In addition, extensive marketing and awareness raising campaigns will target
both trade and private buyers.
PartSafe brochures and signage will be provided to accredited businesses.
Those businesses will also be able to use the PartSafe branding in their own
advertising, thereby leveraging benefits from the broader marketing of PartSafe.
By increasing consumer confidence, it is expected that the overall size of the
used auto parts market will grow.
PartSafe accredited suppliers should therefore benefit doubly – with an increase
in market size and an increase in market share.

What are the Advantages for Customers?
Customers can purchase confidently, knowing that a PartSafe supplier:
   has put a system of checks and procedures in place to ensure that all the
    prescribed parts in stock have come from legitimate sources;
   meets all government regulations, including environmental standards, relating
    to the operation of a parts recycling business; and
   is a fit and proper businessperson, with no recent criminal history.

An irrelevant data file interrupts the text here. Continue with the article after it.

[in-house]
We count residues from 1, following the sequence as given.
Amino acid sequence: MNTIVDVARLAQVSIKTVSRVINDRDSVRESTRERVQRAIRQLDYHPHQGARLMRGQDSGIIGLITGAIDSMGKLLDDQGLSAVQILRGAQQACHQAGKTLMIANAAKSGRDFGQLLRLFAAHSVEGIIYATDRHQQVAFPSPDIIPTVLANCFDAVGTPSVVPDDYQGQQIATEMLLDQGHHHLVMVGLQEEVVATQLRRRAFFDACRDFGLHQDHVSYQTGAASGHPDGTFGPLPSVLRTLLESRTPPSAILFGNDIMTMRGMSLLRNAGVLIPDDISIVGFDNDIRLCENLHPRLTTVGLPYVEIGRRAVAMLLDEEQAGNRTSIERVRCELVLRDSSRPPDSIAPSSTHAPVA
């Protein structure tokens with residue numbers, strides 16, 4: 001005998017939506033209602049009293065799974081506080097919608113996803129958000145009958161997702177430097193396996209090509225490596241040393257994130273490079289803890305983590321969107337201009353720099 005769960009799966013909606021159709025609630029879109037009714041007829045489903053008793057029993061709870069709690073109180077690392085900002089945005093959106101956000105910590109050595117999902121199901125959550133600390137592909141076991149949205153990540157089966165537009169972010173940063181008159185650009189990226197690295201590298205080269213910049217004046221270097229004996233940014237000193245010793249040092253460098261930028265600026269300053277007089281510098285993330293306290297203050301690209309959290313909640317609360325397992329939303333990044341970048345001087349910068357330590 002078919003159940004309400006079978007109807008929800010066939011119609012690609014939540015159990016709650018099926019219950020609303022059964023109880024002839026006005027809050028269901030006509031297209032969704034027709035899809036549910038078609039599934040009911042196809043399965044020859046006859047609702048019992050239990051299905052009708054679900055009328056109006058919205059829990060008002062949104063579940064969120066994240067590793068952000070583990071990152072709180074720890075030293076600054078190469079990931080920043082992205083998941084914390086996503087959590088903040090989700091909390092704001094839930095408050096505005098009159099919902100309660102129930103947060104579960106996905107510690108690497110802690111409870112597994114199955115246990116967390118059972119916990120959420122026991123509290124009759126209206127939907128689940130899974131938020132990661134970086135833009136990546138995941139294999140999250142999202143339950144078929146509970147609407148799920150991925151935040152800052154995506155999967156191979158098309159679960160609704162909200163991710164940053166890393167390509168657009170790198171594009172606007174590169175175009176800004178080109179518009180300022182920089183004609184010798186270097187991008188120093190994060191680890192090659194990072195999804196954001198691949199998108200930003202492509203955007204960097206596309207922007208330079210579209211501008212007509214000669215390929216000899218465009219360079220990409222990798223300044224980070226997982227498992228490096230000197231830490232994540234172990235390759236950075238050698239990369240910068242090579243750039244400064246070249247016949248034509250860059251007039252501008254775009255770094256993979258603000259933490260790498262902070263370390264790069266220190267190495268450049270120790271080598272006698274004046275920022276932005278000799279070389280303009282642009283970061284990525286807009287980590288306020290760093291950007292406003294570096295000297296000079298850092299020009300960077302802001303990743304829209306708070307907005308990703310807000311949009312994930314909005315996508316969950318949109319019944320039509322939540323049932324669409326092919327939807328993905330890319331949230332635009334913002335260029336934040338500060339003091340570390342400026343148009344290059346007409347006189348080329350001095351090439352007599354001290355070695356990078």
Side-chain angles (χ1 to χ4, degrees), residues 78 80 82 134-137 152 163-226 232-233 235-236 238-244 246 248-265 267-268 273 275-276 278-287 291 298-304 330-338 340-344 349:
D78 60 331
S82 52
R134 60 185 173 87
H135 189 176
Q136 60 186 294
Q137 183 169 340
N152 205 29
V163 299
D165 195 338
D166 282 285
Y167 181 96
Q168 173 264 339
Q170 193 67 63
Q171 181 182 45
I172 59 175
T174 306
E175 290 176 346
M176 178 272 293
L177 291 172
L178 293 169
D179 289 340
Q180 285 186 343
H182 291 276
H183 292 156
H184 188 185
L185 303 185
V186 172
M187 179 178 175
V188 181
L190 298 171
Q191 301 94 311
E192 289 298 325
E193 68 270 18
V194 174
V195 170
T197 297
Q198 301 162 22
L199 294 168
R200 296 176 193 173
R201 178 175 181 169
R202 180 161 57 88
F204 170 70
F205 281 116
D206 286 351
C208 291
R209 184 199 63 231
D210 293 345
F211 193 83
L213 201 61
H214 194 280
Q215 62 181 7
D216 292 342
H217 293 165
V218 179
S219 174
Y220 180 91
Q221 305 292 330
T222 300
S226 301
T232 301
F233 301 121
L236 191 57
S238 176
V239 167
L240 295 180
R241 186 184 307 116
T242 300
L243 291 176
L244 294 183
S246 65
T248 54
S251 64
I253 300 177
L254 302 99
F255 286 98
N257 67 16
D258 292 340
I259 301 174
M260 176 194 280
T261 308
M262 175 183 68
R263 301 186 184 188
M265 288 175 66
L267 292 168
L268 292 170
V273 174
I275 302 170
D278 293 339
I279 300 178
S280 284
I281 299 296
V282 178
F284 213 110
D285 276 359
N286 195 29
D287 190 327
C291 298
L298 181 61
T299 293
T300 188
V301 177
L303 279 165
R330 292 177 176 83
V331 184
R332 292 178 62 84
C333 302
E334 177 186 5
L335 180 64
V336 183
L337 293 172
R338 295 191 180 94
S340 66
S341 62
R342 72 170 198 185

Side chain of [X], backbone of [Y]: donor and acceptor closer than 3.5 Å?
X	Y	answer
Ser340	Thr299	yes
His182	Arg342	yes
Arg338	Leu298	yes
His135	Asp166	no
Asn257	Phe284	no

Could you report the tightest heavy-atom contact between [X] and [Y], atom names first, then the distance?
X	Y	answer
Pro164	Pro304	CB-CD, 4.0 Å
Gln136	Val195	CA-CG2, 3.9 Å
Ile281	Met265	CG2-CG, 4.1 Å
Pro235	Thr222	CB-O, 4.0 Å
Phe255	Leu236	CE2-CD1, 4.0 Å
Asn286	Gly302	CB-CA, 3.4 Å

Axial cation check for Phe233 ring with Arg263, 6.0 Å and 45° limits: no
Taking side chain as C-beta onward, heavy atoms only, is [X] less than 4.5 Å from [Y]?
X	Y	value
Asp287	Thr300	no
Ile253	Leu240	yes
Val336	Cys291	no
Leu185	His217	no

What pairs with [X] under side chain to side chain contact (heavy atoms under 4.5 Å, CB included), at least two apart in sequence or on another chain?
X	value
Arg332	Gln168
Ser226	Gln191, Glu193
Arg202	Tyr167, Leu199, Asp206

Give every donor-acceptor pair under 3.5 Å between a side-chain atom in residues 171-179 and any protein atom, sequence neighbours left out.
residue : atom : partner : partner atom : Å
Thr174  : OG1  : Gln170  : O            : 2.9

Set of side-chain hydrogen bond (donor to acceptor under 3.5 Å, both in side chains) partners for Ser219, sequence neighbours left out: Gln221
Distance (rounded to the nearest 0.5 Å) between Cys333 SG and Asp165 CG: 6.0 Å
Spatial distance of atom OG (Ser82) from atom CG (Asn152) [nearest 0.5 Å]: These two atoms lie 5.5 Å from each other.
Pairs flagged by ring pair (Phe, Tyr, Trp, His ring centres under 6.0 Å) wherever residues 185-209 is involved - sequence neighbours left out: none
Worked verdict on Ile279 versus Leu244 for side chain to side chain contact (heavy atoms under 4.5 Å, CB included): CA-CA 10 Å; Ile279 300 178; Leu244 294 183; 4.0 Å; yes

How are Customers Protected?
The PartSafe procedures should reduce the chance of a consumer inadvertently
purchasing a stolen vehicle part.
However, in the event that a customer receives a used vehicle part that is stolen
or for which unencumbered ownership cannot be established, it is proposed that
the PartSafe recycler must happily refund the purchase price or replace the item
at the customer’s discretion.
The invoice from a PartSafe recycler would contain information to allow the
recycler to trace the part to its original source.
A PartSafe recycler would also be required to report any suspicious parts or